Using Customer Service, QCQA To Better Your Brand

In a chat with Larry Horwitz earlier this year I got some great little tidbits of info and wanted to share a few here in there as I listened through again to a 45 minute-plus interview about all things in the beer business. Horwitz is the Brewmaster for Columbus, Ohio’s Four String Brewing and also the chair of the safety subcommittee, which is part of the technical committee structure for the Brewers Association.

In a line of questioning about return on investments, Horwitz shared how Four String has beefed up its quality assurance program over the years.

Between social media and being meticulous about each batch of beer for QCQA purposes, Horwitz was able to solve a problem relatively quickly. He said in talking with his owners he wanted to have a library of batches on hand. That means lots of cold and warm storage for the brewery — which produced around 5,000 barrels last year and is looking to ramp up to three times as much in the future.

“I can do something as dumb as maintaining a really high-quality library of everything we package,” Horwitz said. “If we bump into a problem somewhere in the market or a customer does take the time to lets know about a batch of beer they ran into that they didn’t think was great. We can literally go touch it.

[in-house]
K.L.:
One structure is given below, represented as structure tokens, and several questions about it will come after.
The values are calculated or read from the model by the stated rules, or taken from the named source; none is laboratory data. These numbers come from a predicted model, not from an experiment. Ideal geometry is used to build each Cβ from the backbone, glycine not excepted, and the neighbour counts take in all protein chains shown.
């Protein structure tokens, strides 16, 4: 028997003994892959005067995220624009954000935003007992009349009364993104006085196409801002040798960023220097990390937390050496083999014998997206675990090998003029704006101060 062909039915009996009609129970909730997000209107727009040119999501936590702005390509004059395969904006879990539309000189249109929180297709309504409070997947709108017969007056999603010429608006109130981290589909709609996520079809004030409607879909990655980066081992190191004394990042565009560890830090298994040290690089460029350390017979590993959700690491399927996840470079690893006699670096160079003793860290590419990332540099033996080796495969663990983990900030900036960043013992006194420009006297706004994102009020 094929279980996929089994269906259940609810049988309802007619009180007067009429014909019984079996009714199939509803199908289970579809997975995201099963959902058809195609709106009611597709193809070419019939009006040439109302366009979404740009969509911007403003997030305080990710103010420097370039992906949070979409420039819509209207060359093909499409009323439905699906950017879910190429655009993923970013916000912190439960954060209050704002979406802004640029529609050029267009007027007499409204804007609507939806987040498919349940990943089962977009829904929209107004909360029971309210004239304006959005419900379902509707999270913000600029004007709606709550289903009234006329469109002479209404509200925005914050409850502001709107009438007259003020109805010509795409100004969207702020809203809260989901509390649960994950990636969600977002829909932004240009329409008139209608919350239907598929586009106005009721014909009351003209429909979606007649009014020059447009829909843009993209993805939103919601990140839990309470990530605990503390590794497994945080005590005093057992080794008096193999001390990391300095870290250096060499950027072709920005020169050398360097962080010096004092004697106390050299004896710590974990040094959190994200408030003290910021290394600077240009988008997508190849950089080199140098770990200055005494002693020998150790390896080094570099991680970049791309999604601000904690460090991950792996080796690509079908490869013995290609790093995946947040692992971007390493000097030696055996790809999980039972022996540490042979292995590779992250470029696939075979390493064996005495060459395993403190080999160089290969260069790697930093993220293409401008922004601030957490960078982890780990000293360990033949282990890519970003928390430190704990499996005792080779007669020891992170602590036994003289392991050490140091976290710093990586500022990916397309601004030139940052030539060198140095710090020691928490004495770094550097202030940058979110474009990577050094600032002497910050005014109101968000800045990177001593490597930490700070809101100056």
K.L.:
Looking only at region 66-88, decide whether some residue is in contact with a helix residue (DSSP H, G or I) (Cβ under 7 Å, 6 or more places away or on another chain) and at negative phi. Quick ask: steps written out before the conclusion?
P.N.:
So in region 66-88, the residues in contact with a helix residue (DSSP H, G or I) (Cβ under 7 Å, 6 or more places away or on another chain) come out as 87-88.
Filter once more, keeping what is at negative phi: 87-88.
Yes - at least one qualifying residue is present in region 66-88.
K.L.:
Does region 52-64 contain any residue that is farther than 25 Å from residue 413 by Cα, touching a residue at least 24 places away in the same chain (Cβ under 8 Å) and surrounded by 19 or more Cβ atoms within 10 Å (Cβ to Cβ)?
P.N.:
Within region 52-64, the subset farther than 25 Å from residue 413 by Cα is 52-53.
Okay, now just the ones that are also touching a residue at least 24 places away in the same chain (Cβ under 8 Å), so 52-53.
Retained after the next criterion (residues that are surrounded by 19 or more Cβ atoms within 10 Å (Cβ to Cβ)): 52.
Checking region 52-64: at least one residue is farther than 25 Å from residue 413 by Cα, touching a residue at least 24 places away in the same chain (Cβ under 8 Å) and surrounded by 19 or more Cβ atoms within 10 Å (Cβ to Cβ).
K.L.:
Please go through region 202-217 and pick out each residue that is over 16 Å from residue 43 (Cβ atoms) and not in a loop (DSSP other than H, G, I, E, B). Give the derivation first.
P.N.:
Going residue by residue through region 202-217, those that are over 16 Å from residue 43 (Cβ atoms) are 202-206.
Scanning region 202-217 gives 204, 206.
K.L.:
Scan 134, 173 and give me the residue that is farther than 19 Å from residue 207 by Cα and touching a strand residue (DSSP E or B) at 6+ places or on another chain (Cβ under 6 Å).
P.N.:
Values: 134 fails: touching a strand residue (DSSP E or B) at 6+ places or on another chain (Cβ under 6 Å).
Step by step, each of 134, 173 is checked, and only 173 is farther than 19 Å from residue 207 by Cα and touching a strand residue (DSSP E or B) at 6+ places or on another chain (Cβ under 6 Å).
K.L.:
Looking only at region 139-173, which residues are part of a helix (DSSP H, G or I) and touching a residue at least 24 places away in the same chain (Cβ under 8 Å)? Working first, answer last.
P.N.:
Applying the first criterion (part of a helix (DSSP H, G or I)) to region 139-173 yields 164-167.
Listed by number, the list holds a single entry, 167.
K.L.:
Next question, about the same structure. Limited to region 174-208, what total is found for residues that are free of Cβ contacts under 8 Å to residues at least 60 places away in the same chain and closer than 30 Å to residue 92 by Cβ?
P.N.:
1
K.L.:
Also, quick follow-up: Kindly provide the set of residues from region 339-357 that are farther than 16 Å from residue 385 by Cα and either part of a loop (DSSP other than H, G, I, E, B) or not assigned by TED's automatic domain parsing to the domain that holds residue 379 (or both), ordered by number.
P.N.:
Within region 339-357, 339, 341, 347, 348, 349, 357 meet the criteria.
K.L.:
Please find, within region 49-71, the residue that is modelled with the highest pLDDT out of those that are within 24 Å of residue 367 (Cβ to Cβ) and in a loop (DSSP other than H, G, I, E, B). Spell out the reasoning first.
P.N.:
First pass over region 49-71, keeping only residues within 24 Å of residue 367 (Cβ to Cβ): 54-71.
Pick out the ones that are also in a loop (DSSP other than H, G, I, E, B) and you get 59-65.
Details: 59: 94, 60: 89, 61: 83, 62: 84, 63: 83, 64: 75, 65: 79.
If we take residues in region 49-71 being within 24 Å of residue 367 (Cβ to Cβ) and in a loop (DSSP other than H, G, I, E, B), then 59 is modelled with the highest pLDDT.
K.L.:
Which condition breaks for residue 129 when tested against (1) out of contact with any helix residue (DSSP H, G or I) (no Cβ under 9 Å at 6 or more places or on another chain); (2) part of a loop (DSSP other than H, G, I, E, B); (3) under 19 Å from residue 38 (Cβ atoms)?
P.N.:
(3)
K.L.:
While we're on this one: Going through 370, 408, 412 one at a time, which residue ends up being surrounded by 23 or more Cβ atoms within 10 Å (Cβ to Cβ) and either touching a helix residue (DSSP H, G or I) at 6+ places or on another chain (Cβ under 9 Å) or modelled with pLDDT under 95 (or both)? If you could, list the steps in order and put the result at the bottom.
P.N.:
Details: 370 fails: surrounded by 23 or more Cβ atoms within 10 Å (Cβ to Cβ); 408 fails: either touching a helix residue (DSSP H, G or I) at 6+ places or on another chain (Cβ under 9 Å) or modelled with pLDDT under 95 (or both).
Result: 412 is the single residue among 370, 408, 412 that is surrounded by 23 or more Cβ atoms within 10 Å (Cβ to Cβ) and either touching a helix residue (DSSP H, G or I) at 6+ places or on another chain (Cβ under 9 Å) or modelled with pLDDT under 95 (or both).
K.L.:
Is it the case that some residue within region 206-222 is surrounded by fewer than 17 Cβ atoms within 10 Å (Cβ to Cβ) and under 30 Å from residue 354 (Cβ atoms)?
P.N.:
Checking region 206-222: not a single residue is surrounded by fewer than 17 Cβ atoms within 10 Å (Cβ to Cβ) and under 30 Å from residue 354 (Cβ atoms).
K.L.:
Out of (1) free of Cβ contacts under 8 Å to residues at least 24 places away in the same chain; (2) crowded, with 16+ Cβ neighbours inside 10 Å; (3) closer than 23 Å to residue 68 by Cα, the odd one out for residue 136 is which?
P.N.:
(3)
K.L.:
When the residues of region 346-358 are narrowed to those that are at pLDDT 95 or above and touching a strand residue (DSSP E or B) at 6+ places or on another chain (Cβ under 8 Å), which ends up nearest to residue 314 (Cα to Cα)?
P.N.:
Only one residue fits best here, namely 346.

“We keep our inventory for a year regardless of the date code so I can go find a six pack of beer that we shipped and we can run analytical testing on it or we can put it in the flavor panel or we can you know we can do microbiological testing to say hey what’s going on with that. And actually we do that the date code for all of our products.”

Horwitz thinks it makes the customers feel good too because Four String ran into a recent problem where a consumer contacted the brewery to say they had an IPA that didn’t taste great.

“It turns out that it was out of code,” Horwitz said.

The beer had been purchases from a bottle shop where the brewery knew they didn’t rotate their inventory really well.

“We were able to have a really positive conversation with that shop and say: ‘Look, our distributor will help you move our old inventory and get destroyed.’

“We don’t want old beer in the market. In our effort to get the best quality beer in the hands of our customers and, to frankly avoid having to buy back old and out of code beer, I think that that’s been a great return on investment for us.”

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